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December 29, 2004

Iraq in Pictures

Fenster Moop writes:

Dear Blowhards,

Here is a series of powerful images from the Iraq war. It's from the New York Times's 2004 Year in Pictures.

And here is Stefan Beck's short and, to my mind, on-target assessment of the message the images convey and the priorities embedded in the choice of these particular images.

The latter from The New Criterion's weblog, which this morning also contains Roger Kimball's response to the death of Susan Sontag.



posted by Fenster at December 29, 2004


I was surprised that Kimball spent so much time on Sontag.

Her political conclusions always struck me as banal, just one more boringly predictable cant-filled left-winger (as opposed to a boringly predictable cant-filled right-winger, who I also detest.)

And I could never really get what she was all about in terms of the culture stuff.

Posted by: David Sucher on December 29, 2004 12:56 PM

David S.,
I thought her contribution was "The Look". Or rather, "The Lock", as in "The Grey Lock". That shock of grey/white always made for a stunning photo op.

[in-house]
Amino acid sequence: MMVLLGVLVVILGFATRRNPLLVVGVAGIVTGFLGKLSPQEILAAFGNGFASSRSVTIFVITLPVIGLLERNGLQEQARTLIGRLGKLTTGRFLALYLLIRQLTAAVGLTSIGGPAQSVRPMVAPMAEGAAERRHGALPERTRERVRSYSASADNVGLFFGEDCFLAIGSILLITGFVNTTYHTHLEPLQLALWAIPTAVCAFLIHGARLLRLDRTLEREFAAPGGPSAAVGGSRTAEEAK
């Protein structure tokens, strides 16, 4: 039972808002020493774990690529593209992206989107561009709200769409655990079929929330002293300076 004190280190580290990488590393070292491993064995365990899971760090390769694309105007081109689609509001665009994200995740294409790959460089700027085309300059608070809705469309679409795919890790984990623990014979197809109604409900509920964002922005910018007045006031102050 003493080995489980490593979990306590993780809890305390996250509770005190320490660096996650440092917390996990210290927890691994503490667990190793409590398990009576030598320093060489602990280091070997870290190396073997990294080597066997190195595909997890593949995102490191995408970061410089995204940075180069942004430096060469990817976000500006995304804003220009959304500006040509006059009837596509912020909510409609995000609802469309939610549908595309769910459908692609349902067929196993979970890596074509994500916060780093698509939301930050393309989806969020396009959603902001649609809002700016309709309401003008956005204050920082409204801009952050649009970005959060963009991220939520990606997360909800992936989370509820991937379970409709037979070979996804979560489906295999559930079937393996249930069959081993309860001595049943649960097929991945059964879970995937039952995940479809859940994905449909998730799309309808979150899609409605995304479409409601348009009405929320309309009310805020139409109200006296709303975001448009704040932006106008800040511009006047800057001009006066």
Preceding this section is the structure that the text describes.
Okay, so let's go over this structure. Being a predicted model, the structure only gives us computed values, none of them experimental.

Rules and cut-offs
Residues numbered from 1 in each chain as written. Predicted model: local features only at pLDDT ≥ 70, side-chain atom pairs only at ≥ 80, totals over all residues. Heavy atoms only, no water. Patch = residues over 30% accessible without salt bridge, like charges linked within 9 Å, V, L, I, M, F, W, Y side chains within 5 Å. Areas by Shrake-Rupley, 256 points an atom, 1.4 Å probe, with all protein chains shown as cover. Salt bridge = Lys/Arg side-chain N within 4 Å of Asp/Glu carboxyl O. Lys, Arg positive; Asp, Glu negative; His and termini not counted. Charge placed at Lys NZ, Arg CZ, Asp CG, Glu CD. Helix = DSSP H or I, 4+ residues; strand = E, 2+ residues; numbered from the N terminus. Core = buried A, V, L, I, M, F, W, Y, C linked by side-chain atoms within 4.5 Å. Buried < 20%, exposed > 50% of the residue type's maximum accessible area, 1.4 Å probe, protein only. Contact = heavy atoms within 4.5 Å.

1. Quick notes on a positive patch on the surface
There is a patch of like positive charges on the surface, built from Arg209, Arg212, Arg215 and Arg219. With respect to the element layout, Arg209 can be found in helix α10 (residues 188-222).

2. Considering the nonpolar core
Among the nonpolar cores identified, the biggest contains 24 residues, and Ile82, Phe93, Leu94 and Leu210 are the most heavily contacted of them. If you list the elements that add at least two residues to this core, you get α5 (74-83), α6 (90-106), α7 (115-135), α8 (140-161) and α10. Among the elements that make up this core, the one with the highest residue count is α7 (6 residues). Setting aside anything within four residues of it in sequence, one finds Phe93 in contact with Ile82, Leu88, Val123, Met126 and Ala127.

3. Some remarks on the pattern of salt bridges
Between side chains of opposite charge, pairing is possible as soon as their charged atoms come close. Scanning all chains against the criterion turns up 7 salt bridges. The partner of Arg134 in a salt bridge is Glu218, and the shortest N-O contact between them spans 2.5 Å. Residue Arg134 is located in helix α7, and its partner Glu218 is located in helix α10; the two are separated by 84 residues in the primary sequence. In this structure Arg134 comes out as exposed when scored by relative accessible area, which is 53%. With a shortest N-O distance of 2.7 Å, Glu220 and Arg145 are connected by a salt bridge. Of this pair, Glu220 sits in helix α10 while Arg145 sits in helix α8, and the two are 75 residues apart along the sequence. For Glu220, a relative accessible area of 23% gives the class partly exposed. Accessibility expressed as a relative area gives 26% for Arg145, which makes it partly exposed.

Or was there something else memorable that she left behind? Perhaps as a bit in the "Crash" Davis monologue in "Bull Durham". He didn't like her either....

Posted by: DarkoV on December 29, 2004 8:52 PM

Yeah, "the Look." I was always unimpressed by the ideas too. I remember that she was touring for a year back in the '70s, making the (really, really startling) argument that "Triumph of the Will" was a Nazi movie. I suppose her "Notes on Camp" bit was OK, though it always seemed to me you could pick up everything you might want to know about camp by hanging out with a campy gay guy for about a half hour.

So I wound up figuring that she served a High Culture function: she embodied (in a very theatrical, and I guess theatrically effective, way) some people's fantasies of what an Intellectual Woman should be: difficult, tragic, austere, etc. That gray streak in the dark dark hair didn't seem to hurt the image. Mistrust me on this because I'm just remembering rumors that may have been groundless. But there were those who said that Sontag was really the creation of the publisher Roger Strauss (of FSG), who not only published her but forged her image.

Wasn't Jacqueline Bisset's character in "Rich and Famous" said by a few people to have been based on Sontag?

Posted by: Michael Blowhard on December 30, 2004 12:18 PM

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